Climate, Urbanization, and Conflict: The effects of weather shocks and floods on urban social disorder
In this paper, we test the effect of weather shocks and floods on urban social disorder for a panel of
large cities in developing countries. We focus on a particular mechanism, namely the displacement of
population into (large) cities. We test this hypothesis using a novel dataset on floods—distinguishing
those that affected large cities directly from those that occurred outside of our sample of large cities.
Floods are found to be associated with faster growth of the population in the city, and in turn with a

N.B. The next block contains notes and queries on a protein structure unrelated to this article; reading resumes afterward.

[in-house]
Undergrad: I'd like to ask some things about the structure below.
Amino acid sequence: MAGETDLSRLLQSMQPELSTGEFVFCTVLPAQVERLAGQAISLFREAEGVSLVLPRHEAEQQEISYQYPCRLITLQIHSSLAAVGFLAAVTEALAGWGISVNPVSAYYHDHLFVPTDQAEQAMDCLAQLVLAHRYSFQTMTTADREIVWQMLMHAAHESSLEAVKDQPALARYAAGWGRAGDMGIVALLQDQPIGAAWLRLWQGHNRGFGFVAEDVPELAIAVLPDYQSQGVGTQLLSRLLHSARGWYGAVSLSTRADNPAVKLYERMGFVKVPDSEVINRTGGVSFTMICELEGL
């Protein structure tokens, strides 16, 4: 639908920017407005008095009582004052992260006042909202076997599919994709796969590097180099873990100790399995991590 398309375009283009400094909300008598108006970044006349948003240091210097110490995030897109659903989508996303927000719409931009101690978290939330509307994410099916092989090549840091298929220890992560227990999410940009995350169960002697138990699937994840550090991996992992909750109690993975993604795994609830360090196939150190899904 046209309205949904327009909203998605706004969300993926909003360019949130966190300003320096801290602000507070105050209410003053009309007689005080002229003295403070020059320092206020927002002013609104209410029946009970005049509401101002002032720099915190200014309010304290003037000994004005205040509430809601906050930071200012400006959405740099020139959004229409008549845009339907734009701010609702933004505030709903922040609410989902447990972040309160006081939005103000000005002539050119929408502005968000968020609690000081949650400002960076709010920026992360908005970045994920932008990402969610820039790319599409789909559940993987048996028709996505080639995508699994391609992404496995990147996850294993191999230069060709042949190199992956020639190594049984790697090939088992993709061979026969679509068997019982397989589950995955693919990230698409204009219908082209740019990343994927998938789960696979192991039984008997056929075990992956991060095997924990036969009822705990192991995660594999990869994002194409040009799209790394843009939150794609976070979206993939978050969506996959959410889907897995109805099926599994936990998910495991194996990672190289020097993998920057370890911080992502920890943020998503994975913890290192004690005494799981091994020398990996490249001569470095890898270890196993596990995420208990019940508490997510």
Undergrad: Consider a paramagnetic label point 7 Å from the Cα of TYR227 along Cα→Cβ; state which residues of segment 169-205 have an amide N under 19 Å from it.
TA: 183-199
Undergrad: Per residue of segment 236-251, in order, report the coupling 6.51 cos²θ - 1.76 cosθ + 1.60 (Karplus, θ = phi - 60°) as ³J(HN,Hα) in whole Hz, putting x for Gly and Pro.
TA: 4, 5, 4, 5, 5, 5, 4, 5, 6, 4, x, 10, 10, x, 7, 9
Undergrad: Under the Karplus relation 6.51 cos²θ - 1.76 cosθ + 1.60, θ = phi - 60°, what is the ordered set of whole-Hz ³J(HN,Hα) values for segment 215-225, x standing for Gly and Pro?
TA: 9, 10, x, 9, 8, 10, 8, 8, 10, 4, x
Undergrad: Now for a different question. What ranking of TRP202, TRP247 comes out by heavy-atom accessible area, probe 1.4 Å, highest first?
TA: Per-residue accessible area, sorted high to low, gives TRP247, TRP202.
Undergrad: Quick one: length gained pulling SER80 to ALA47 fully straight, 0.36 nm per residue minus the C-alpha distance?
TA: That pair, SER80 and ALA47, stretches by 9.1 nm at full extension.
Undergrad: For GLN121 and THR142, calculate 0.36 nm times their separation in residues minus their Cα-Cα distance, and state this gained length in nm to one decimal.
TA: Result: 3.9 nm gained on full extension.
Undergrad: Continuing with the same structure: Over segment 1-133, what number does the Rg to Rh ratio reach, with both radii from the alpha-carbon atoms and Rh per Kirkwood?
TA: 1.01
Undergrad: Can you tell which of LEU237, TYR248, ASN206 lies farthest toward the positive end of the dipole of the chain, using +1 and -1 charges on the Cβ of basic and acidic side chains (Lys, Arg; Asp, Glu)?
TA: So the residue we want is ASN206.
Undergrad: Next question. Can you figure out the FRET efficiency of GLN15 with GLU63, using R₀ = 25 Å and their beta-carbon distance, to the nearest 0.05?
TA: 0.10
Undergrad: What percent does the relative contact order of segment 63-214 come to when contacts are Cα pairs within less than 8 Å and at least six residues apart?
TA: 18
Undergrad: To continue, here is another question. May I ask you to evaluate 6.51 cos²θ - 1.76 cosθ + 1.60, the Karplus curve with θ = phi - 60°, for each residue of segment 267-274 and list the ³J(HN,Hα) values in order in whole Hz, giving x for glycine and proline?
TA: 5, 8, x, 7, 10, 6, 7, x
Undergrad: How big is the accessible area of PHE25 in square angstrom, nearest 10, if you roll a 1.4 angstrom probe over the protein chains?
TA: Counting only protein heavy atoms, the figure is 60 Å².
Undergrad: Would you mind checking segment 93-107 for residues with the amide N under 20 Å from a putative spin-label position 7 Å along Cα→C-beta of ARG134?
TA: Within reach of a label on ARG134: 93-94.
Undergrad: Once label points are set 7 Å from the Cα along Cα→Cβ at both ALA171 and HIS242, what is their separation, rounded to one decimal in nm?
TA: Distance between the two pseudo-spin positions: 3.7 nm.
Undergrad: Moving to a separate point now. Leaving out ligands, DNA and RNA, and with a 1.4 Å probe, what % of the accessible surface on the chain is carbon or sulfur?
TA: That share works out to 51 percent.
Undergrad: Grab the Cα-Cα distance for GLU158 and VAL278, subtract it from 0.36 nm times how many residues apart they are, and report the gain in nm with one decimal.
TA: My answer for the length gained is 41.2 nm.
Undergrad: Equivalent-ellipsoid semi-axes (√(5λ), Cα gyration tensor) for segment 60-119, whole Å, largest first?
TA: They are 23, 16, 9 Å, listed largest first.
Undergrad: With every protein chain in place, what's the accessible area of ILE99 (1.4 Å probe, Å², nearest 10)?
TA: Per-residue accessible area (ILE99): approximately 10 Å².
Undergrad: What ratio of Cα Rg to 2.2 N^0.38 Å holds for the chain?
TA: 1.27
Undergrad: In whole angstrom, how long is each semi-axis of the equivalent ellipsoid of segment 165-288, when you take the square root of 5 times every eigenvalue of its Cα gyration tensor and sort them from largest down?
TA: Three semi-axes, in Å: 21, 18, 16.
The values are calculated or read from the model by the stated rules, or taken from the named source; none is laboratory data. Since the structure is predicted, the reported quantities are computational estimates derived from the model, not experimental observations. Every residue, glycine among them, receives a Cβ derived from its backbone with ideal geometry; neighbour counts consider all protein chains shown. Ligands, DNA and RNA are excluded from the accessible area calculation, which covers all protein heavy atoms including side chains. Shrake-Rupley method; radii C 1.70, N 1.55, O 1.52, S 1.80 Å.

higher likelihood (and frequency) of urban social disorder events. Our evidence suggests that the
effects of floods on urban social disorder occur (mainly) through the displacement of population, and
the “push” of people into large cities. Our findings have important implications for evaluating future
climate change, as well as for policies regarding adaptation to climate change and disaster resilience.
Castells-Quintana, David; McDermott, Thomas K.J.
Asian Development Bank
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